NPR’s Dec­la­ra­tion of In­de­pen­dence tweet­storm con­fuses some

The Guardian (Charlottetown) - - WORLD -

Na­tional Pub­lic Ra­dio marked the Fourth of July by tweeting the en­tire Dec­la­ra­tion of In­de­pen­dence, but it seems some Twit­ter users didn’t rec­og­nize what they were read­ing.

The broad­caster tweeted out the words of the dec­la­ra­tion line-by-line Tues­day. Some of the founders’ crit­i­cisms of King Ge­orge III were met with an­gry re­sponses from sup­port­ers of Pres­i­dent Don­ald Trump, who seemed to be­lieve the tweets were a ref­er­ence to his pres­i­dency.

One tweet read, “A Prince whose char­ac­ter is thus marked by ev­ery act which may de­fine a Tyrant, is un­fit to be the ruler of a free peo­ple.”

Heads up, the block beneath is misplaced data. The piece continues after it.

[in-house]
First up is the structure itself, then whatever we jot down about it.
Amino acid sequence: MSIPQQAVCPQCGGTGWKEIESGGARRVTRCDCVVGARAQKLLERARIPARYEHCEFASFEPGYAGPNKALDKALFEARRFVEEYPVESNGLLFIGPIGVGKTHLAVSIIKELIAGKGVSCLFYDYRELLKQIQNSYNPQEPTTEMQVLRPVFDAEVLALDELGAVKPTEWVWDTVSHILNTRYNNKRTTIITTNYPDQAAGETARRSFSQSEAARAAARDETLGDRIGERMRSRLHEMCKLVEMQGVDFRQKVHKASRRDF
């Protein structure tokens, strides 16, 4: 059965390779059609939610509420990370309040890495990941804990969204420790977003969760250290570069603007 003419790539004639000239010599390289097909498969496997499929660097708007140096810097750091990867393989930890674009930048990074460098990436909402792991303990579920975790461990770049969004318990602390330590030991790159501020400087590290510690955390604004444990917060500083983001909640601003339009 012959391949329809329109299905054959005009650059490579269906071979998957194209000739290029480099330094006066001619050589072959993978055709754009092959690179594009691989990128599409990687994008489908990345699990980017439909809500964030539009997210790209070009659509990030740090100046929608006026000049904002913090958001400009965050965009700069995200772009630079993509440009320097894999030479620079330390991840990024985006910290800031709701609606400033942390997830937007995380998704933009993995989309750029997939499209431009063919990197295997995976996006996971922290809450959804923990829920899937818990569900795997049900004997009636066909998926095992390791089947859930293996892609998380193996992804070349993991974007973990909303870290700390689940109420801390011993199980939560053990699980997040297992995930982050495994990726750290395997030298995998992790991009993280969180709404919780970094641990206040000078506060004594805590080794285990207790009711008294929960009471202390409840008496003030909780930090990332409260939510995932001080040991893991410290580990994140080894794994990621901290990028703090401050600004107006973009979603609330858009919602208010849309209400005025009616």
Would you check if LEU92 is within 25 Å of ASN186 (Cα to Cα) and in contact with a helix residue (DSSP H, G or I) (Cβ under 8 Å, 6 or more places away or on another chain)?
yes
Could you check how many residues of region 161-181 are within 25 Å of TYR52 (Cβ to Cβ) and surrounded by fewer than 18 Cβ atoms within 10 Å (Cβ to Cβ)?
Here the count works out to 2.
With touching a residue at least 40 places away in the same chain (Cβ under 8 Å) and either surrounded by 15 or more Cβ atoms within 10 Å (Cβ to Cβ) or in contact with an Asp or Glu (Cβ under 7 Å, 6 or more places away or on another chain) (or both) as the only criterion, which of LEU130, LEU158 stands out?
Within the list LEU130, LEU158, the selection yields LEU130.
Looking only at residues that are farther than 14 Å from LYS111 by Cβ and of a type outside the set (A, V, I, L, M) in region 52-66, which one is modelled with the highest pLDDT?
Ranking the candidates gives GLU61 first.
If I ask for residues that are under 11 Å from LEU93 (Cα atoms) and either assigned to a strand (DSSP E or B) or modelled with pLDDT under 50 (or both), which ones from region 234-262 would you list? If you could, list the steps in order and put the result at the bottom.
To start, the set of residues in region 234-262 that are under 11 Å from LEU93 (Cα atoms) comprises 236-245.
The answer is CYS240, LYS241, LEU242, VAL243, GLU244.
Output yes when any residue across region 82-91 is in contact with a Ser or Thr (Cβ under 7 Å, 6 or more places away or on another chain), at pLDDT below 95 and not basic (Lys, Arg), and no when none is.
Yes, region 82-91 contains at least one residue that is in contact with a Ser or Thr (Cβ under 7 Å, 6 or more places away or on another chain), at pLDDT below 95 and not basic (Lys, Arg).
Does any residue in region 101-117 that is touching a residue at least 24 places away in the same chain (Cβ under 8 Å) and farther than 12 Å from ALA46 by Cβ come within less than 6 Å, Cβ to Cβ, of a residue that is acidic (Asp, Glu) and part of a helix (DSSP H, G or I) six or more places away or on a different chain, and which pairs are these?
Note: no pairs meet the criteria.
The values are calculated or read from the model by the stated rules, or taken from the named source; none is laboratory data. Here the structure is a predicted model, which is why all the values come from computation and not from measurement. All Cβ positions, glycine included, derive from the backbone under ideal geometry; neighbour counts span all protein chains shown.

An­other said: “and to­tally un­wor­thy the Head of a civ­i­lized na­tion.”

A Twit­ter user ac­cused NPR of con­don­ing vi­o­lence while try­ing to sound patriotic. The user apol­o­gized af­ter the mis­un­der­stand­ing was pointed out.

An­other asked if the tweet was talk­ing about the U.S. cur­rent for­eign agenda, ask­ing if Amer­i­cans were the tyrants.

Oth­ers were un­der the im­pres­sion NPR was try­ing to pro­voke Trump with the tweets and praised the out­let for do­ing so. Many, rec­og­niz­ing it was the Dec­la­ra­tion of In­de­pen­dence, said how history is re­peat­ing it­self.

NPR broad­cast its an­nual read­ing of the dec­la­ra­tion for the 29th straight year on In­de­pen­dence Day. This is the first year the tra­di­tion has been ex­tended to Twit­ter.

Spokes­woman Allyssa Pol­lard says the tweets were shared by thou­sands of peo­ple and gen­er­ated “a lively con­ver­sa­tion.”

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